Of course, the huge buoyancy chambers fore and aft, and the sealed seats, are another difference--one that makes these boats a sane ride in Grand Canyon whitewater.Greg Hatten and Randy Dersham built the two replica hulls together over two weekends last summer in Randy's boat shop (he builds MacKenzie River drift boats in Nimrod, Oregon, just ten miles from Keith Steele's 1960s shop). Then each took a hull home to finish it. The Portola has the red-white-and-blue Harper Goff paint scheme shared by all of Pat Reilly's boats, while the Susie Too is white with a teal sheer stripe (the stripe was later re-painted red; Martin Litton apparently hated the teal).

The hulls are 1/4" plywood, with a 1/2" bottom and 3/8" horizontal surfaces--decks, seats, etc. What kind of plywood, I ask Randy. Meranti?

"No, they're all fir," he says. "We bitched about it every step of the way." Although Greg and Randy wanted to use fir to match the original boats, marine fir plywood is not what it used to be. The football-shaped patches kept popping off the panels as they bent the sides on, needing a lot of filling and fairing. But the job got done, and done well.

The Ride

So today I got to row both the Portola and the Susie Too. After rowing Fat George (a better name for my raft than Georgie, I've decided), the nine-foot oars in Greg and Randy's boats feel like toys. And in a raft I'm perched high atop a gargantuan cooler. In Greg and Randy's boats I'm so low to the water I feel like I'm paddling with my hands.

It's a FAR better experience in the hard boats, like moving from an overloaded garbage scow to an elegant Whitehall. Except that the Portola and Susie Too turn on a dime and give you fifteen cents change, which no Whitehall could match. One stroke of an oar is enough to spin me around 180 degrees in the current. It's so much fun that after I ride through Unkar Rapid (a 6) on my fat raft, I run back upstream to ride through again in the Portola with Greg Hatten and his other passenger, Pam Mortenson.

Unlike the heavy rafts, the Portola is alive in the water, leaping high over the waves even with three people aboard. Greg steers a line through the long rapid (one of the longes in the Canyon, maybe 1/4 mile long) dodging holes and porpoising over big standing waves. At one point the bottom hits a hidden rock in the trough of a wave, and apart from a dull thud, there's no problem--the Portola just keeps driving on.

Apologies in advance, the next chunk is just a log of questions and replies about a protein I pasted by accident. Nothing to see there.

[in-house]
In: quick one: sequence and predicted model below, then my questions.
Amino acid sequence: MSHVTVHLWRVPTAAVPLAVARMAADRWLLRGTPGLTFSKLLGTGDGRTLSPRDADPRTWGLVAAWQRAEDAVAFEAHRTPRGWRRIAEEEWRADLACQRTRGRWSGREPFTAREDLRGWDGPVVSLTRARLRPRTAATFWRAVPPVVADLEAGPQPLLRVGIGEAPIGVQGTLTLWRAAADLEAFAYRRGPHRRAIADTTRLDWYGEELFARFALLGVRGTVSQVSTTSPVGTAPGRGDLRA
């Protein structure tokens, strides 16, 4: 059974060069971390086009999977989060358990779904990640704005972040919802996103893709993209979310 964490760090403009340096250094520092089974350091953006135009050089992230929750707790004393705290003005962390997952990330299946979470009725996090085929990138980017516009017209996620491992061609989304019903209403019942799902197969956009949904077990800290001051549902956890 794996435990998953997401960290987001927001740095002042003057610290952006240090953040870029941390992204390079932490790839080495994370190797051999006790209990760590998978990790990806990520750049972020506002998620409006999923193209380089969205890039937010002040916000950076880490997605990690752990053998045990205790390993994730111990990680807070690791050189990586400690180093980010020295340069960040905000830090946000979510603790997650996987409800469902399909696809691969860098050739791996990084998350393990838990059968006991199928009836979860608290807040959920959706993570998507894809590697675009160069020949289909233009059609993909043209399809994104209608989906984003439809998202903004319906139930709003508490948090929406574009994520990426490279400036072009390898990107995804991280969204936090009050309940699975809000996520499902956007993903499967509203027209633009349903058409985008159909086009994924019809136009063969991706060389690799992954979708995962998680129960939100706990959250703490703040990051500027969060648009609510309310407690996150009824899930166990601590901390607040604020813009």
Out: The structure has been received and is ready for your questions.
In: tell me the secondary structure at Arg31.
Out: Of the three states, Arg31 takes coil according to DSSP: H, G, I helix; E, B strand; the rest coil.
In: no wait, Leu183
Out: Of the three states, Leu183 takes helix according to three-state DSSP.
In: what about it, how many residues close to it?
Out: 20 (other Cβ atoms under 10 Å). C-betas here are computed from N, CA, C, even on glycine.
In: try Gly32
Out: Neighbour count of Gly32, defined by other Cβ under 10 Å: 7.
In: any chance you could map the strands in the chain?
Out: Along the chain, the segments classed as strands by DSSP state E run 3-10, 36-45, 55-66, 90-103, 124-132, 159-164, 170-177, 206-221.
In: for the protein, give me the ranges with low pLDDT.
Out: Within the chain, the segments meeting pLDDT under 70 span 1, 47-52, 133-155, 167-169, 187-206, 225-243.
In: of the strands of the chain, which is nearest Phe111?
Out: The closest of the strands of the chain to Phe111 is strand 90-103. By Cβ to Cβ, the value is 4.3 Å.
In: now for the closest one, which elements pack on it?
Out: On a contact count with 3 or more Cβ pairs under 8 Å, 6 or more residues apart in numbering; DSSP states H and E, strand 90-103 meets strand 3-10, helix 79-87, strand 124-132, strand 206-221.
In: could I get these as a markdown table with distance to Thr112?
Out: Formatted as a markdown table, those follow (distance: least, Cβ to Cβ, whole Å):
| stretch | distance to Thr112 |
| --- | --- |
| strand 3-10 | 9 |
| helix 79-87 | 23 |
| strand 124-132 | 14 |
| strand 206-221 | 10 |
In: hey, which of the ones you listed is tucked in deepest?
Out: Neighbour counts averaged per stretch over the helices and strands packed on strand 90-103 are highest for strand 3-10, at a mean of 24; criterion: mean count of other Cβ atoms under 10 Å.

Later I get to row Randy's Susie Too through a couple of smaller riffles, with Dave Mortenson as my passenger. A few days back the oak pad at the base of one oarlock split--whitewater puts tremendous leverage on nine-foot oars--and Randy eventully sawed off the pad flush with the gunwale on that side to fix it, reinforcing the new lower oarlock with fiberglass. There's a difference in feel between the two oars after Randy's surgery, but not one that seems to matter much. Again, the boat is like a live thing, fast and nimble. Despite being a bit nervous--no one wants to ding someone else's boat--we come through unscathed. Not only unscathed, but already thinking about what my wife would think of another boat in our garage, something like a drift boat, maybe...

I guess I should finish the boat I'm working on now first. But if I come back to run Grand Canyon again--make that when--I'll be in a hard boat if I can. I ask Randy what he thinks of the Susie Too, since he knows this kind of boat a lot better than I do.

"It is made for this river," he tells me. "I rowed it down the Rogue river and it felt too big and too heavy. But it's a healthy size for this river." The Rogue is smaller; though it's much more technical and rocky, it typically runs anywhere from 2,000 to 8,000 cubic feet per second. "Very definitely it's big big water here," Randy says. "7,000 and 13,000 right now--and that's low water."

Tomorrow morning, first thing, the Portola and the Susie Too will see their biggest rapid yet--a rapid that would be nothing more than a rocky trickle today if David Brower, the Sierra Club, and a whole community of river rats had not collaborated on a book designed to show Congress the colossal mistake they were about to make.

Looking down the rocky jaws of Hance Rapid, knowing that I'll be taking my raft through tomorrow morning, I'm still grateful. Incredibly grateful. I just hope I don't end up swimming.